A 1971 document by Pope Paul VI concludes with the warning that transformation of the world is a constitutive element of the Gospel.
"People want to come to church to be comforted," admitted the speaker, but "the reign of God must be preached also," citing Scripture and tradition.
This crowd "came to do penance during Lent," said a surprised Bishop Thomas J. Gumbleton.
Laughter met the humble bishop's claim for such a large audience last night at Saint Ronald Catholic Church in Clinton Township, MI., just north of its neigboring City of Detroit that soaks in poverty.
A reverent silence seemed to pervade the listening hundreds.
After urging participants to pay attention and to be informed about social sin in the world and at home here, the retired auxiliary bishop who grew up on Detroit's west side, and was born in 1932, answered a question and ticked off a list of those among whome, one may be named the successor to Pope Benedict XVI who retires February 28. A 1:30 pm holy hour this Thursday is set at the Cathedral of the Most Blessd Sacrament in Detroit. Visit www.aod.org for more.
Structures of economic systems are the cause of injustices in Haiti, said the speaker. He cited examples of how Guatamala and El Salvador, even South Africa, once upon a time, among other countries live in dire injustice or apartheid due to economic practices.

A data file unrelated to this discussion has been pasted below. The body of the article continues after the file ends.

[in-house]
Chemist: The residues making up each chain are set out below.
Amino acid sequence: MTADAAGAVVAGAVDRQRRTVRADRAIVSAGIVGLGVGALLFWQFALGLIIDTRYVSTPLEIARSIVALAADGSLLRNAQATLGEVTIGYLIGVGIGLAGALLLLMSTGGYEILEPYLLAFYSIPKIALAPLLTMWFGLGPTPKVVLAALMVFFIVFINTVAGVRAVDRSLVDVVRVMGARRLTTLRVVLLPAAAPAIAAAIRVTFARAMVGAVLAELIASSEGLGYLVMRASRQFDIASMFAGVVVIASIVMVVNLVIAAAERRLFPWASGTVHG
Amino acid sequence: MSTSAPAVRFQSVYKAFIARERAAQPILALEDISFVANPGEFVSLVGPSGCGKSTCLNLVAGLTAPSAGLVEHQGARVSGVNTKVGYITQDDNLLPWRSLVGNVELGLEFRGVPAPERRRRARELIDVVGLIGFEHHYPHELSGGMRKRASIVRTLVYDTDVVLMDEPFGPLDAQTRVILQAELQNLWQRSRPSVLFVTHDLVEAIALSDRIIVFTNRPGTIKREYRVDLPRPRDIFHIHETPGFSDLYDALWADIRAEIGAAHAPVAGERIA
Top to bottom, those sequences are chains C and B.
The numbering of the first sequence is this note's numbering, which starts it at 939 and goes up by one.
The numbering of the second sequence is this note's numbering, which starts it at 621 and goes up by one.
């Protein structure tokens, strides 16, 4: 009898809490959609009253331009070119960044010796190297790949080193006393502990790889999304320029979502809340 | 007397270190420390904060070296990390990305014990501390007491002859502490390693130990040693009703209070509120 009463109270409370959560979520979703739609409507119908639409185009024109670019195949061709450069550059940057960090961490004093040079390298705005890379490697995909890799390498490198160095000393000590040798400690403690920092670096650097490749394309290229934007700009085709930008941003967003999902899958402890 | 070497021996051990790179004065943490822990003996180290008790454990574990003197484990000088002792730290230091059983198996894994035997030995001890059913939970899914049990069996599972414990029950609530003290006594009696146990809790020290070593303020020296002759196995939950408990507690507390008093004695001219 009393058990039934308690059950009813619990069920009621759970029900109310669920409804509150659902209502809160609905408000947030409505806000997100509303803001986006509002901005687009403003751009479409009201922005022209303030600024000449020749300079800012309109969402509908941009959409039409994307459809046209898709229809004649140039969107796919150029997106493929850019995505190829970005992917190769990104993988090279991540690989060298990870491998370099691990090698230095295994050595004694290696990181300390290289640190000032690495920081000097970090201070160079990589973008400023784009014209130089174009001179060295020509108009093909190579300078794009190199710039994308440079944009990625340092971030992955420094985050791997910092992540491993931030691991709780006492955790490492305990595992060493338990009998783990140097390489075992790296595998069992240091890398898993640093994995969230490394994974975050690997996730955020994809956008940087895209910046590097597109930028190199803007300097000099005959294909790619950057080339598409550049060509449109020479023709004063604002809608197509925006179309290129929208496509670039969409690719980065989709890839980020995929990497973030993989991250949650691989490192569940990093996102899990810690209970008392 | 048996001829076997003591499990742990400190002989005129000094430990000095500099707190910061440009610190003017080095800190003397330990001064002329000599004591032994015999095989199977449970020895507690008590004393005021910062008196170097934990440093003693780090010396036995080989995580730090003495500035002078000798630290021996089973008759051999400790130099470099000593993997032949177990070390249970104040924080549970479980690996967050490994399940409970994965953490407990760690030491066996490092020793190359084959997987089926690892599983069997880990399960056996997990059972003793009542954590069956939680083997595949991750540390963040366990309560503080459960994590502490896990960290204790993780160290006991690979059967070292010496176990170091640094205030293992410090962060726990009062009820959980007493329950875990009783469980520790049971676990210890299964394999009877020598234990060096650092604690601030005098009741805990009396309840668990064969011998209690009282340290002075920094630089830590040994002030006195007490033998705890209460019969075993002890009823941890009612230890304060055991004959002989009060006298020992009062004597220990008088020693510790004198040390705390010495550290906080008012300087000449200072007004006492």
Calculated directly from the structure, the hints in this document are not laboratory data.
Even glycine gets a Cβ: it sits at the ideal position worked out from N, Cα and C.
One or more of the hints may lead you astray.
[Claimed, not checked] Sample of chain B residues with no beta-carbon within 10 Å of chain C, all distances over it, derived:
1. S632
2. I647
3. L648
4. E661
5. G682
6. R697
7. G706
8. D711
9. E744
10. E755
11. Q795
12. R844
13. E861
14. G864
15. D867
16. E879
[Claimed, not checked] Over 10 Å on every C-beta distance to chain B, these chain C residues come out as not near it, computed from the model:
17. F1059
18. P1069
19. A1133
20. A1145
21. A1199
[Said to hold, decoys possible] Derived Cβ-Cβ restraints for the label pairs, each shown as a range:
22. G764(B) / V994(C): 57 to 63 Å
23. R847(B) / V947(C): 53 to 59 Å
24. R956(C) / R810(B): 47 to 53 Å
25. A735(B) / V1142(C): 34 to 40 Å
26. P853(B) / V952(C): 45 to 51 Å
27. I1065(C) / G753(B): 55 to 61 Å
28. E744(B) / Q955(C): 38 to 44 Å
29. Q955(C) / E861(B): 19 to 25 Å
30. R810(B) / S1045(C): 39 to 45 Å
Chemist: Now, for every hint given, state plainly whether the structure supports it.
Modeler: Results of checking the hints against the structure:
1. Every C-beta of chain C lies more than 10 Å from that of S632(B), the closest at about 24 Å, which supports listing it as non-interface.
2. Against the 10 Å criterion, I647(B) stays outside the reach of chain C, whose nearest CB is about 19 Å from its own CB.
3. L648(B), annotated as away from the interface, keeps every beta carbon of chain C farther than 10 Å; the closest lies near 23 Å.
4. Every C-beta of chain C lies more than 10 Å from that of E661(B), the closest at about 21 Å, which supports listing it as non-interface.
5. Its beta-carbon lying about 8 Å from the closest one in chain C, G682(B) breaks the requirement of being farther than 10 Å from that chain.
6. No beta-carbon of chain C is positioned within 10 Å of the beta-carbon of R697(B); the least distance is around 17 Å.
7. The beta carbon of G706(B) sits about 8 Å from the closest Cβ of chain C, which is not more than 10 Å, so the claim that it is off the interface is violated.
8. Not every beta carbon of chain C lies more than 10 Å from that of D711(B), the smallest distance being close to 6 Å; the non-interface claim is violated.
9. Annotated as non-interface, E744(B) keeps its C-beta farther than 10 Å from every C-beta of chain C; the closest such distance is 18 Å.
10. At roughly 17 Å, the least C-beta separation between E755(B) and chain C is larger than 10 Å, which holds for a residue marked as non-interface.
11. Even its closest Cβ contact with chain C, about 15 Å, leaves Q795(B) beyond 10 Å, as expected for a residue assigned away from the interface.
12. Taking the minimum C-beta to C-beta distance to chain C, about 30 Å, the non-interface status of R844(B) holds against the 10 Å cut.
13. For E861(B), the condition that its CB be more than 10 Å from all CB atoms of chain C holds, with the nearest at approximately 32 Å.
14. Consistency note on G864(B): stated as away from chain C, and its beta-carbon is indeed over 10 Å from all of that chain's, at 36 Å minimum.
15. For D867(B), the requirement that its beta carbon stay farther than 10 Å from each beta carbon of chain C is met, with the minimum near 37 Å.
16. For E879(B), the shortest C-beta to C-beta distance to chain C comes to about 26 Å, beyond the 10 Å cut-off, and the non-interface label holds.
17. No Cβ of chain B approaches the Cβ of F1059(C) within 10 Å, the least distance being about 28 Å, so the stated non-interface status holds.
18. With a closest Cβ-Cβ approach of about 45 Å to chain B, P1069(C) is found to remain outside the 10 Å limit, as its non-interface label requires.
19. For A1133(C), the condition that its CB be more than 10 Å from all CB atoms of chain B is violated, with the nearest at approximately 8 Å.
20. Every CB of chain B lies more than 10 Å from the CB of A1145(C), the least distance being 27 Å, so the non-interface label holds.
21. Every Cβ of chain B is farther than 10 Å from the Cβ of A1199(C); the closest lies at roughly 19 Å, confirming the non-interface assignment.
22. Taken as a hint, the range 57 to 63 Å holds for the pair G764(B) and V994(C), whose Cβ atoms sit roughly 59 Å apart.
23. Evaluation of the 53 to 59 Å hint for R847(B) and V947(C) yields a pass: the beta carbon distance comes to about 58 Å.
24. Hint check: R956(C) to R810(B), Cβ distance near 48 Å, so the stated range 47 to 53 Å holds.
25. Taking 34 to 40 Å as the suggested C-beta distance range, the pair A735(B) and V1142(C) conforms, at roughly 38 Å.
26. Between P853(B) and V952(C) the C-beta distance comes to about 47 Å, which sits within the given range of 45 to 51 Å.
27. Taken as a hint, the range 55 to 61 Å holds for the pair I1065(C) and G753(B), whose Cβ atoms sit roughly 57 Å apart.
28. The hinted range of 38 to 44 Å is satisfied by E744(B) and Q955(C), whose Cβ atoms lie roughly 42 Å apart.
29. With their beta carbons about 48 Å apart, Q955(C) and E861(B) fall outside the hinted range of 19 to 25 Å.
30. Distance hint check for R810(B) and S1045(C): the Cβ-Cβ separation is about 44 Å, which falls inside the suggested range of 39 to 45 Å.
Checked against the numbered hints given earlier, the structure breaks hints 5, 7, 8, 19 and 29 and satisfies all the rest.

Systems press people into poverty and exclude them, he concluded.
He urged the faithful to be aware of, and, involved in the political process.
"We're used to personal sin and know what it is, but social sin is not so front and center," responded Bishop Gumbleton to one animated participant who blamed the Vatican and she concluded the pope knows of the poverty.
According to Catholic Charities USA, 46 million people living in poverty is unacceptable.
Urging the audience to embrace the 'reign of God' that Jesus preached in Luke's Gospel and the prophet Isaiah, the gentle bishop showed a DVD about Pax Christi's work in Haiti. Pax Chrisi, means, the Peace of Christ, and aims for peacemaking and nonviolence in that poorest country in the Western Hemisphere.
Lifestyle and simple living was proposed in the world-known peacemaker's talk.
A rousing applause at Bishop Gumleton's lecture sent them into the social hall for more communion with each other.
People there sat for over an hour eating snacks and drinking tea, for example, among other beverages and foods.
A pleased Deacon Franz Hoffer, who introduced the bishop, said, overlookng the crowd that arrived by 7 pm, "This is what Church should be!"
A few participants said they told Gumbleton that they were voting for him to be pope.
"What a kingdom of God Church we'd be, if he was pope," voiced a former pastoral associate, JoAnn Loria, who also read the passage from the Letter of St. James about faith with works, at the 6 pm sung liturgy of the hours.
"I voted for him also," she said, alerting people to www.adoptacardinal.org.